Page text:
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Launceston ceramics: a story of revival

Rarely would a day go by where you didn't handle ceramics. A mug, breakfast bowl, teapot, bathroom basin. It's a functional form that many have made a masterpiece out of, such as John Campbell and John McHugh - two craftsman who put Launceston on the map as a centre of artistic excellence.

In the 1880s, John Campbell set up his pottery works at Sandhill at the top of Wellington Street, where clay deposits were plentiful. The works produced pipes and bricks for construction as well as homewares and art pottery.

Campbell's signature boldly glazed pottery - vases, jugs, even fountains - became highly sought-after around the world. The business expanded and was passed to his sons before wrapping up in the 1970s.

Just around the corner was John McHugh's production, which made a similar line of ceramics and wares that were similarly glazed and in hot demand by art aficionados.

Scour a few antique stores around Tassie and you'll no doubt spot a McHugh or Campbell work - an easy check for a hand-scrawled signature on the item's base will confirm suspicions.

The Campbell and McHugh pottery houses may be no longer but the tradition has endured in Launceston, with countless artisans honing their craft and businesses teaching others the trade popping up over the years.

Potters Asya Bell and Julie Perry share more than 30 years of experience between them, and are now inviting northern Tasmanians to learn the craft at Glazed and Confused, an experiential destination for everyone.

"We want that relaxed environment where people can just come and have a good time. They can be experienced potters or they can be new to ceramics, so we just want to make it really accessible to everyone in the community," says Asya.

"It's just about getting in and having a go," adds Julie.

The studio opened mid-year in Launceston's leafy Quadrant Mall and offers classes in wheel and free-form pottery. Two hour workshops are open to individuals or groups and you'll be given the opportunity to spin or mould something truly unique.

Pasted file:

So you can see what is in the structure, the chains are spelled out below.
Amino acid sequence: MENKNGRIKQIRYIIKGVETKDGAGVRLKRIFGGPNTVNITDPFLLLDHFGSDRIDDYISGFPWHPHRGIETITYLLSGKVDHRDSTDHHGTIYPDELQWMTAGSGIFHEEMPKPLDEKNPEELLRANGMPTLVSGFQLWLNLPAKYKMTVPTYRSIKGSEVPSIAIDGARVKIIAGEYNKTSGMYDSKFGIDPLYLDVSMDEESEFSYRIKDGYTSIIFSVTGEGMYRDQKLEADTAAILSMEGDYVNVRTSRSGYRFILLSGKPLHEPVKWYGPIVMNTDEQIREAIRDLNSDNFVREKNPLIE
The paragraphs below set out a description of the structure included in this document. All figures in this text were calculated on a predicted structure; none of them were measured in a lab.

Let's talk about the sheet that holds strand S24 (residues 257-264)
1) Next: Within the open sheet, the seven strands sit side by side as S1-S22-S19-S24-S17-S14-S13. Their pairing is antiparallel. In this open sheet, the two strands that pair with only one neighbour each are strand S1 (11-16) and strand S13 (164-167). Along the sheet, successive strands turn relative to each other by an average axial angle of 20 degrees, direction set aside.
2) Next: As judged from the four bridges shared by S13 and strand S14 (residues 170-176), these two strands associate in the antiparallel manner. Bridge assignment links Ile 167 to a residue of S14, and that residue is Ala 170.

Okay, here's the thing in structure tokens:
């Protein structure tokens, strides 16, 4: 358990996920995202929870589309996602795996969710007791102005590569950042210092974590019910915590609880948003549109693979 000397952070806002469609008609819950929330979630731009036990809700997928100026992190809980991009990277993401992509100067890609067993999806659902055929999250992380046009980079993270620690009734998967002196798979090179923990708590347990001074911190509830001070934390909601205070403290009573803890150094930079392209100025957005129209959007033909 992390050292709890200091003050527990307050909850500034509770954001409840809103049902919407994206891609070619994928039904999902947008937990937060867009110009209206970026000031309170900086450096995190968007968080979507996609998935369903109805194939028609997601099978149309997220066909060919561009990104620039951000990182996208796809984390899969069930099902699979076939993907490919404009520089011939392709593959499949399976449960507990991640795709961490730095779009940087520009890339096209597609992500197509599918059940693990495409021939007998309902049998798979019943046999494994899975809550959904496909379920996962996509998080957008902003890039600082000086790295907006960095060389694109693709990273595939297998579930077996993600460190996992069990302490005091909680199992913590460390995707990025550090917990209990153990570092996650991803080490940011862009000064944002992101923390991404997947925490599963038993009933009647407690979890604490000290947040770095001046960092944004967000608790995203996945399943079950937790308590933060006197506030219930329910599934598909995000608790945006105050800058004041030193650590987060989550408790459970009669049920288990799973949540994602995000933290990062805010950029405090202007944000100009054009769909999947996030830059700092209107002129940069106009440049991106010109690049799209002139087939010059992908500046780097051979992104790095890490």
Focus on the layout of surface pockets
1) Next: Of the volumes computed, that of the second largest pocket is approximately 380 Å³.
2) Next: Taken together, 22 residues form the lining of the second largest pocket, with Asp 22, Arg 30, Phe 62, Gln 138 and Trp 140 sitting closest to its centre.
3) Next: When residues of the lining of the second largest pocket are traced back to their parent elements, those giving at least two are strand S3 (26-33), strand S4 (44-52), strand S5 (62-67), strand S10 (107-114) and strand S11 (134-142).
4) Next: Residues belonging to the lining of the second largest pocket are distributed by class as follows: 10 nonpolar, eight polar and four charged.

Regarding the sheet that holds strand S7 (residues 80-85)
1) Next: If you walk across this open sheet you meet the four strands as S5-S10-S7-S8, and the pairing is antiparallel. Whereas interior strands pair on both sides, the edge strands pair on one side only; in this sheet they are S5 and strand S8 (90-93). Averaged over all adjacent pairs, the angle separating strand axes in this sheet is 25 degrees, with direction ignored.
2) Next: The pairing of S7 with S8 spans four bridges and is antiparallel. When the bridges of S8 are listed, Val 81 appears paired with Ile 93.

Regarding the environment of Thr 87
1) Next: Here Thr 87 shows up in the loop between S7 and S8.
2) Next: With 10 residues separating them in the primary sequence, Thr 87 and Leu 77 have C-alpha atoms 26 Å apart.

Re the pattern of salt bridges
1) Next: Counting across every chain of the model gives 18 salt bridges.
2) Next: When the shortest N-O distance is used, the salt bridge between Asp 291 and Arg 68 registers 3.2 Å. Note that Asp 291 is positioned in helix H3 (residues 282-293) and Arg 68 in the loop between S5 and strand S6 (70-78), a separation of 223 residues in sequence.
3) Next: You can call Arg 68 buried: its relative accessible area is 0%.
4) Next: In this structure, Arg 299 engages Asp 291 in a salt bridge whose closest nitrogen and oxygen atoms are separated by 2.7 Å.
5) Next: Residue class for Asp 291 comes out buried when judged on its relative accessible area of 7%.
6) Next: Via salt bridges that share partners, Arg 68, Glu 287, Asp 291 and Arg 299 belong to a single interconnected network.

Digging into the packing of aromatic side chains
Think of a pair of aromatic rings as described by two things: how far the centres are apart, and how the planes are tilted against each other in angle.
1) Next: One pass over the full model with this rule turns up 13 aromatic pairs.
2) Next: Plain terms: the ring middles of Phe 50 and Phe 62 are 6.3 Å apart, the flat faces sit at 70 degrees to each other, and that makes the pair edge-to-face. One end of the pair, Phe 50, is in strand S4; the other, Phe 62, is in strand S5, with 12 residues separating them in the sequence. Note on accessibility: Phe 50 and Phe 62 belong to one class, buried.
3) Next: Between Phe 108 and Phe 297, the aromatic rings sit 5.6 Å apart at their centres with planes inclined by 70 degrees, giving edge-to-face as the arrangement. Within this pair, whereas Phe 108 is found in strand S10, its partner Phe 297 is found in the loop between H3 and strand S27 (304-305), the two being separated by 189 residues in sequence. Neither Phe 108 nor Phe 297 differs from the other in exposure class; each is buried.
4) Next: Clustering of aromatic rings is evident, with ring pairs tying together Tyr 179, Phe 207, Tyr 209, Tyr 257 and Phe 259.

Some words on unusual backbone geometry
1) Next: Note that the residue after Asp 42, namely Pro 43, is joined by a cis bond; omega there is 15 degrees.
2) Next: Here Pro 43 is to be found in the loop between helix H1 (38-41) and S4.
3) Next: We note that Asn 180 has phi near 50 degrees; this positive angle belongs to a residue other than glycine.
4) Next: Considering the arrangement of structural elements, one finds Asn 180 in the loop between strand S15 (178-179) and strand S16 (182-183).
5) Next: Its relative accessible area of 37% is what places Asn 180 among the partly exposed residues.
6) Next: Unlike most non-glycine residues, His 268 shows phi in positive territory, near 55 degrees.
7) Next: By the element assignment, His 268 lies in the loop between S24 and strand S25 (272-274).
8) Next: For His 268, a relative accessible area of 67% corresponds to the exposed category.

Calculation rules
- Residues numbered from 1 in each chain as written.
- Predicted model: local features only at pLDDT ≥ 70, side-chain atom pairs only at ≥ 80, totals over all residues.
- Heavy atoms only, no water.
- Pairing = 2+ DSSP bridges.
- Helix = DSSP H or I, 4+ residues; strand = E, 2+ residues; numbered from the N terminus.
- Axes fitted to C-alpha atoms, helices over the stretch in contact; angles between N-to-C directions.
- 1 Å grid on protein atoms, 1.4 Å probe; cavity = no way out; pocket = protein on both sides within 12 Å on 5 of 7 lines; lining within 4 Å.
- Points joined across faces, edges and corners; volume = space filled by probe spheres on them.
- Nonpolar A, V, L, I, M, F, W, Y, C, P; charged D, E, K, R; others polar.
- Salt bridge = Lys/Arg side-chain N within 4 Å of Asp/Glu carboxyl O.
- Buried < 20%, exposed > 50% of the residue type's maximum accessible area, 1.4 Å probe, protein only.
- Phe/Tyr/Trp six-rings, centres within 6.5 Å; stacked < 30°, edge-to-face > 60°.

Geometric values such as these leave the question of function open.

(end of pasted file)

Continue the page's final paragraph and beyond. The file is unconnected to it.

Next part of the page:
Glazed and Confused's mantra of "come in and get messy" is epitomised by flecks of clay on the studio's walls and windows. Asya and Julie clearly delight in introducing new faces to pottery and say they are often surprised at amateur attempts.

"The wheel is quite challenging but some people really take to it!" says Asya.

In the absence of the opportunity to travel overseas right now, Asya says people are looking to treat themselves to an experience to savour.

"Stemming from that, I think people in general are looking more to hobbies and creativity because of their isolation," says Julie.

Aside from the fun and games, the therapeutic spin-offs of ceramics must be remembered and are a reason why Asya and Julie are working with support organisations such as Beyond Blue and the Department of Veterans Affairs.

"It's a social outlet too: you don't just have to sit in a bar, you can come and be creative for a couple of hours with your friends," says Julie.

Hobart also has a Glazed and Confused studio, so Asya and Julie are splitting their time between the centres. They say they've been delighting in uncovering Launnie's gems such as the Cataract Gorge, eclectic architecture and eateries.

The two are just starting to learn about Launceston's rich pottery past, but says the future is bright.

"There's such a strong ceramic community here. Since we opened, we've met a lot of ceramicists and potters who work in the area, have their own studios, and sell their own pieces," says Julie.

Bookings at Glazed and Confused are essential: www.glazedandconfusedstudio.com